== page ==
Pointing the way
As Graham Potter takes stock during the first international break of 2018-19, he will surely be content with what he sees.
After all, history suggests that Swansea City’s current crop are going along nicely.
The Swans have reached the opening landmark in their campaign with 11 points on the board from half-a-dozen Championship matches.
That is only good enough for seventh place in the early-season league table.
And that is mildly surprising when you consider the Swans are not far short of taking two points per game, which is traditionally regarded as a return which will deliver automatic promotion.
For what it’s worth, the Swans are currently averaging 1.83 points per Championship fixture.
Were they to maintain that form throughout the season ahead, they would finish with 84 points.
In years gone by, that tally would have meant a certain play-off place and possibly even a spot in the top two.
And given the huge turnover of players at the Liberty Stadium over the summer, coupled with the psychological blow that came with relegation from the Premier League, it is to the Swans’ great credit that they have been able to start the new season with such promise.
Potter reckons his team’s form is the result of a blend of character and hard work, among the players and the staff who work with them each day.
There has been no shortage of quality, either, with Potter’s young side producing some fabulous football at times during the season’s opening month.
These are still early days in the long slog that is a Championship campaign, but the Swans can take heart from what they have done so far.
The tally of 11 points looks more than respectable when compared to what the Swans have managed in years gone by.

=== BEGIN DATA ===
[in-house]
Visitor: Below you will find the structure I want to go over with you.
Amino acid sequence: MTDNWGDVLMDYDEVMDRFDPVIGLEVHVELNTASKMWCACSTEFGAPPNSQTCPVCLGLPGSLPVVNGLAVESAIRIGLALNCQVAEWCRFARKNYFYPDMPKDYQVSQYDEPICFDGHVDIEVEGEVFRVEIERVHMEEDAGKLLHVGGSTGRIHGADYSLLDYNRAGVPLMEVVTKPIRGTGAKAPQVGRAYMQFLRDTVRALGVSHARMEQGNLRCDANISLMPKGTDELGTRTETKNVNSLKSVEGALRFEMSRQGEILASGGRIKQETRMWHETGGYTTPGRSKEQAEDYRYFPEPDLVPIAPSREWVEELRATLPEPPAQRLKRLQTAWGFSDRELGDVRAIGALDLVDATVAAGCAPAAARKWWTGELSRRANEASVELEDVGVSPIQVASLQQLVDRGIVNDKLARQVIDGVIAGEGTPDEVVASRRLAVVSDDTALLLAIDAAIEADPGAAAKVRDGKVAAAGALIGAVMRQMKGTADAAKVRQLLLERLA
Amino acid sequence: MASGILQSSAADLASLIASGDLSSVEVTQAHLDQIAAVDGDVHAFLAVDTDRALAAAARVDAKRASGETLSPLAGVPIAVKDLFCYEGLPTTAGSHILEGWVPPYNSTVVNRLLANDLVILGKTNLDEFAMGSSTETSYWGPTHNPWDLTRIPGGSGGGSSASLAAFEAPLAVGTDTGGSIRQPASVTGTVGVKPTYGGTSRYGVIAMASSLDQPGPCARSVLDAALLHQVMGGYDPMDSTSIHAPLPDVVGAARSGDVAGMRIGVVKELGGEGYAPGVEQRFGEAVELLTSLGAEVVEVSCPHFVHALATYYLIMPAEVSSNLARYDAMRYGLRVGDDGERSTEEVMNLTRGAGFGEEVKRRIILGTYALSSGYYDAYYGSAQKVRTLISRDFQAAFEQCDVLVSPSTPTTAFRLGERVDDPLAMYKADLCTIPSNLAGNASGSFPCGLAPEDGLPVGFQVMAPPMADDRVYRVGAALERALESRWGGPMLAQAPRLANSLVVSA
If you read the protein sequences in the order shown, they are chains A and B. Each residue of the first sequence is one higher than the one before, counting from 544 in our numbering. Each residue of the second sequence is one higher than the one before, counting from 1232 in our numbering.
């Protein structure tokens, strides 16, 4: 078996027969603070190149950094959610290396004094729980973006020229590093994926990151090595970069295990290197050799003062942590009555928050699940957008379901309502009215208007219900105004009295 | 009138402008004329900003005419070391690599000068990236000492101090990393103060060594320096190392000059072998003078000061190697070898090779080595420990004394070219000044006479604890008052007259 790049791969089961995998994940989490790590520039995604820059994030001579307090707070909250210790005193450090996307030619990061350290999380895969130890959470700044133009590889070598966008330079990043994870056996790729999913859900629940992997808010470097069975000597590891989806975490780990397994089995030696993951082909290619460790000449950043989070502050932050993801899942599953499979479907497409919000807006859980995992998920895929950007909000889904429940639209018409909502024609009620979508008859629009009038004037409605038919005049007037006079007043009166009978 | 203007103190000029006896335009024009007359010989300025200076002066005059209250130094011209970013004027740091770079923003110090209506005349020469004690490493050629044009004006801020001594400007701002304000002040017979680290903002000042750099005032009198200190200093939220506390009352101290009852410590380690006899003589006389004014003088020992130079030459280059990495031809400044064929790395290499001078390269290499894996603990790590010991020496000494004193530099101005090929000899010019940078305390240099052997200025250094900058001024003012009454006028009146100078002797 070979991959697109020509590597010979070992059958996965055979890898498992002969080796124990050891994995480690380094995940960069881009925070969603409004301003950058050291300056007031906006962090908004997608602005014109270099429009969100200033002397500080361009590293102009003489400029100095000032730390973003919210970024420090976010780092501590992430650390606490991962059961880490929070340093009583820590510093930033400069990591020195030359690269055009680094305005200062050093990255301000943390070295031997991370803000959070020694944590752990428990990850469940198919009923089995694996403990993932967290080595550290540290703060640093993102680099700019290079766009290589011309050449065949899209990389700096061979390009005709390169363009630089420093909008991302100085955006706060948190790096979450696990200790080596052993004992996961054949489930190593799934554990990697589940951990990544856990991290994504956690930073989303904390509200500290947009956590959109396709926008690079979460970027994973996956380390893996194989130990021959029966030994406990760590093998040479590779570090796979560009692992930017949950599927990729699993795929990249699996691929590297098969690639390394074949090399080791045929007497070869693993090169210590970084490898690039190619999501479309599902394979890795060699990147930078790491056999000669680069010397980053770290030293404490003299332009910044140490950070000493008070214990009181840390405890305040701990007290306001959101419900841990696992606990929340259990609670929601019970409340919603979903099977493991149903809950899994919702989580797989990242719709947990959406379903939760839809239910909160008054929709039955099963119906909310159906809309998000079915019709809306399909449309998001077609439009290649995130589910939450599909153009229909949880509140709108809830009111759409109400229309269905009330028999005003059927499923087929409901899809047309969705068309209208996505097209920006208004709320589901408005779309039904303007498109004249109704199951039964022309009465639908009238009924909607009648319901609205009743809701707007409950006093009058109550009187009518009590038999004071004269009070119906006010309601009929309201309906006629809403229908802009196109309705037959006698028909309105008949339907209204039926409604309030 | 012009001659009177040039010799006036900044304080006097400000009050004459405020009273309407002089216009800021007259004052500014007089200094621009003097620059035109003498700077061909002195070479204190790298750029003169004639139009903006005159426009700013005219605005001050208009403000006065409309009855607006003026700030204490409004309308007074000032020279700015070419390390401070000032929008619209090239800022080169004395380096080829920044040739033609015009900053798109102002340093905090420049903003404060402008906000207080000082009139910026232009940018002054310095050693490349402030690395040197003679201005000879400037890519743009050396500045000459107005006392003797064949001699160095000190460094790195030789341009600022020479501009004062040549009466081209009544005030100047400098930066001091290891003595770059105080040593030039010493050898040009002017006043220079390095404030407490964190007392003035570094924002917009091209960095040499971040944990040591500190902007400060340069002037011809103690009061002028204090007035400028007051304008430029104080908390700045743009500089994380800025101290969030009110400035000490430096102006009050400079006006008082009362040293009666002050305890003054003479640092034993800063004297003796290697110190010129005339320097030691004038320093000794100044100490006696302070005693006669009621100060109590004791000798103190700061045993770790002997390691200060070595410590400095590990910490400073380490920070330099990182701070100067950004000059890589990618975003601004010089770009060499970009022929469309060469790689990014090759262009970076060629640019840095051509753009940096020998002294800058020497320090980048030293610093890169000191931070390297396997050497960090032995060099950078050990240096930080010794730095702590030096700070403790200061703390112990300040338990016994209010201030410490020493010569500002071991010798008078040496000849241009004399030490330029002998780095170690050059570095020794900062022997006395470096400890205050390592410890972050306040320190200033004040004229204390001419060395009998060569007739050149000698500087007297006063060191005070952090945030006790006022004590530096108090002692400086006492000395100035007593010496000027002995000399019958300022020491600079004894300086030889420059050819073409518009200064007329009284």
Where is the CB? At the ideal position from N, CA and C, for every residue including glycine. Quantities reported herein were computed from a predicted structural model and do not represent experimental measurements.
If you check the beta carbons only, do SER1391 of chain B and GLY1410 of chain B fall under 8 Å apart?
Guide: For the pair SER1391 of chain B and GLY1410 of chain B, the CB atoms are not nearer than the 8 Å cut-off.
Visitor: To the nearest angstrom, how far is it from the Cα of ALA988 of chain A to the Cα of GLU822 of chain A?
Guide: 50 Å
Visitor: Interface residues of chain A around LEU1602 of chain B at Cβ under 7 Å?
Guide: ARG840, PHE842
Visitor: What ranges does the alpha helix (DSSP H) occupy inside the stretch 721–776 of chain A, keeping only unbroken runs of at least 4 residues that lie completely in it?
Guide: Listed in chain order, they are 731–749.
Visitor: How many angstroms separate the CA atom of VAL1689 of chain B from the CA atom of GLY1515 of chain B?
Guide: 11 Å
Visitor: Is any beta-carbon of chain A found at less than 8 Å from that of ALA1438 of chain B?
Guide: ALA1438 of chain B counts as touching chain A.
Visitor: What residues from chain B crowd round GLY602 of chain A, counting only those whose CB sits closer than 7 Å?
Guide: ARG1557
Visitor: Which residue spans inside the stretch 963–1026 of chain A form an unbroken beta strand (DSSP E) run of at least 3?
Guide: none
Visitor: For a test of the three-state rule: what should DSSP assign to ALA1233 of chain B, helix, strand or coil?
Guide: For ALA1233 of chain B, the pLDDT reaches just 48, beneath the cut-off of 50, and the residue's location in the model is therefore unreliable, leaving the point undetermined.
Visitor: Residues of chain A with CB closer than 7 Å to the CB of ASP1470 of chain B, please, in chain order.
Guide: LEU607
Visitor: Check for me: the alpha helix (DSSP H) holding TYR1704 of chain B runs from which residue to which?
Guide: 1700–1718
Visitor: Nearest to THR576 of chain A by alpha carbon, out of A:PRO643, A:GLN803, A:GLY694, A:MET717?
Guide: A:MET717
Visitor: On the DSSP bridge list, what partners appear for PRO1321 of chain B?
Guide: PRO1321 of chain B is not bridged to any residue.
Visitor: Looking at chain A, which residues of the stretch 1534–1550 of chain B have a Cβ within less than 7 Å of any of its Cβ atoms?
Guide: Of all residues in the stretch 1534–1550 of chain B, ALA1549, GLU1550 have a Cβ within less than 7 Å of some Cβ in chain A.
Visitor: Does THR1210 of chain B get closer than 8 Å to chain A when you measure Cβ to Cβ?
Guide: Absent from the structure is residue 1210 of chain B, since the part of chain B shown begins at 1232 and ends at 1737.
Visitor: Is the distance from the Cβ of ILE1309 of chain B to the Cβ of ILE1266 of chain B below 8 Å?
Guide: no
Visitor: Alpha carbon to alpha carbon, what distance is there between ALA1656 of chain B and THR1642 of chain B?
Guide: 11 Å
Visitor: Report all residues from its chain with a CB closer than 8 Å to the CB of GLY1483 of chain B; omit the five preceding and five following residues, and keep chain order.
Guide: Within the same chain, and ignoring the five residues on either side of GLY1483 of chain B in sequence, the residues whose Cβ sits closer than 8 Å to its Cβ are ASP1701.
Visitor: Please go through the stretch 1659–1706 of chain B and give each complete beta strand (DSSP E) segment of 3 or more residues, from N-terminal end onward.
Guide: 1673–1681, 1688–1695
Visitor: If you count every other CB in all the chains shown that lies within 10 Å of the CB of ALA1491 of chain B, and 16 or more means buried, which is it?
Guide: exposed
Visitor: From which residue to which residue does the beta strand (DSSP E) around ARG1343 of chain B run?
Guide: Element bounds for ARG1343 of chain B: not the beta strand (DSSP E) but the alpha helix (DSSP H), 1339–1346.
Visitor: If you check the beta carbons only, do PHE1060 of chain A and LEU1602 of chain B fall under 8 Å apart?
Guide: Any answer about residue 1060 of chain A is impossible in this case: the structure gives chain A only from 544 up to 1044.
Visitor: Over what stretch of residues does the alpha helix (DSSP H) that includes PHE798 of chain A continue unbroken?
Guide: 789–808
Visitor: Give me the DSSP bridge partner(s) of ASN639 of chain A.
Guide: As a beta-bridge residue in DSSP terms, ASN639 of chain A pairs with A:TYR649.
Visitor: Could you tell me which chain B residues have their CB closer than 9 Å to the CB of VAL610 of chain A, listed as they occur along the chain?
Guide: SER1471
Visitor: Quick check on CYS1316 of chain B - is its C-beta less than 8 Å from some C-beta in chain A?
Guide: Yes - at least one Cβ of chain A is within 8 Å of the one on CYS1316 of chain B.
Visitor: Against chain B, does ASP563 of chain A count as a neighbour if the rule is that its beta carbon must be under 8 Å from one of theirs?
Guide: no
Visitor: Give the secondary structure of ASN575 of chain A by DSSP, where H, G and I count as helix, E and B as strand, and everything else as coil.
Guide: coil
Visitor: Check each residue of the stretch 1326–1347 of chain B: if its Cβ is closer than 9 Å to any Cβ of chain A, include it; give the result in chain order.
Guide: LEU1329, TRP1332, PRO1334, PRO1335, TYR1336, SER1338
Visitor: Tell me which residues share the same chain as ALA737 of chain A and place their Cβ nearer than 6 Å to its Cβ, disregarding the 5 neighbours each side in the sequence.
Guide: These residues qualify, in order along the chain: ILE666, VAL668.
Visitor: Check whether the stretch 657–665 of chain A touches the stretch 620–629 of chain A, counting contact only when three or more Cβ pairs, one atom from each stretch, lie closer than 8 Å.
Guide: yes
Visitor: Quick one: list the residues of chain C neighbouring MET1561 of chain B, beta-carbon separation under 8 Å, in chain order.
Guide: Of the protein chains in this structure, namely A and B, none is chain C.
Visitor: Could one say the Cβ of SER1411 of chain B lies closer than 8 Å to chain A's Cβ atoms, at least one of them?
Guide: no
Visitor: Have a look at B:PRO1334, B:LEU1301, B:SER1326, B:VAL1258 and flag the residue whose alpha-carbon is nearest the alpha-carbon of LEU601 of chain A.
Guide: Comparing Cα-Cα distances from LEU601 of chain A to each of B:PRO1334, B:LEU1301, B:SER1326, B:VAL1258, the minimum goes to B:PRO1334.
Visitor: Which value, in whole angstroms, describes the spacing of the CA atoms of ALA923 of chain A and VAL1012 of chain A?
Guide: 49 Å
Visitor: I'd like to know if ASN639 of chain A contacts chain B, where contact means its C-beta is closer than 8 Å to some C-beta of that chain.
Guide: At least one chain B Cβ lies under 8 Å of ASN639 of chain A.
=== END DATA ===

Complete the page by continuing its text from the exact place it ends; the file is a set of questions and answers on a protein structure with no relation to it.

This is the 38th season in English football in which a win has been worth three points.
And in only six of the previous 37 campaigns have the Swans had more points after six league games than they have right now.
Their best return at the same stage was 13 points, which was achieved in 1986-87 under Terry Yorath.
But though they began that Division Four campaign spectacularly, the Swans fell away and ended up finishing 12th.
On five other occasions, the Swans have taken 12 points from the first six league games of a season.
That happened most recently in 2005-06, the club’s first year at the Liberty Stadium, which ended with a trip to the League One play-off final.
Brian Flynn’s team banked 12 points from six games at the start of 2003-04, when Lee Trundle was introducing himself to the Jack Army in style.
However, Flynn’s side stuttered as the season went on and finished up 10th in the bottom division.
There was a happier ending in 1999-2000, when John Hollins’s Swans started well and continued in the same vein all the way through until May, when they were crowned Division Three champions.
In 1992-93, Frank Burrows steered the Swans to a dozen points from their opening six games in a season which would end in play-off defeat to West Brom.
And in 1981-82, John Toshack’s Swans side turned heads throughout the season having started by taking 12 points from their opening six First Division matches.
They ended up sixth in the top flight, which remains the club’s best league finish.
So how will this season unfold? Past experiences suggest Potter’s Swans could be on to something good, but also serve as a reminder that nothing has been achieved yet.
“To take 11 points in our first six games is fantastic,” reckons Oli McBurnie, one of the stars of the Swans’ season so far.
“What we have done is testament to the management and players.
“If you look at the boys who have come into the team, everyone is ready to fight.
“There are lads who have waited a long time for their opportunity and now they are taking it.”
And now the challenge is to keep this form going.
But certainly, the early signs are good.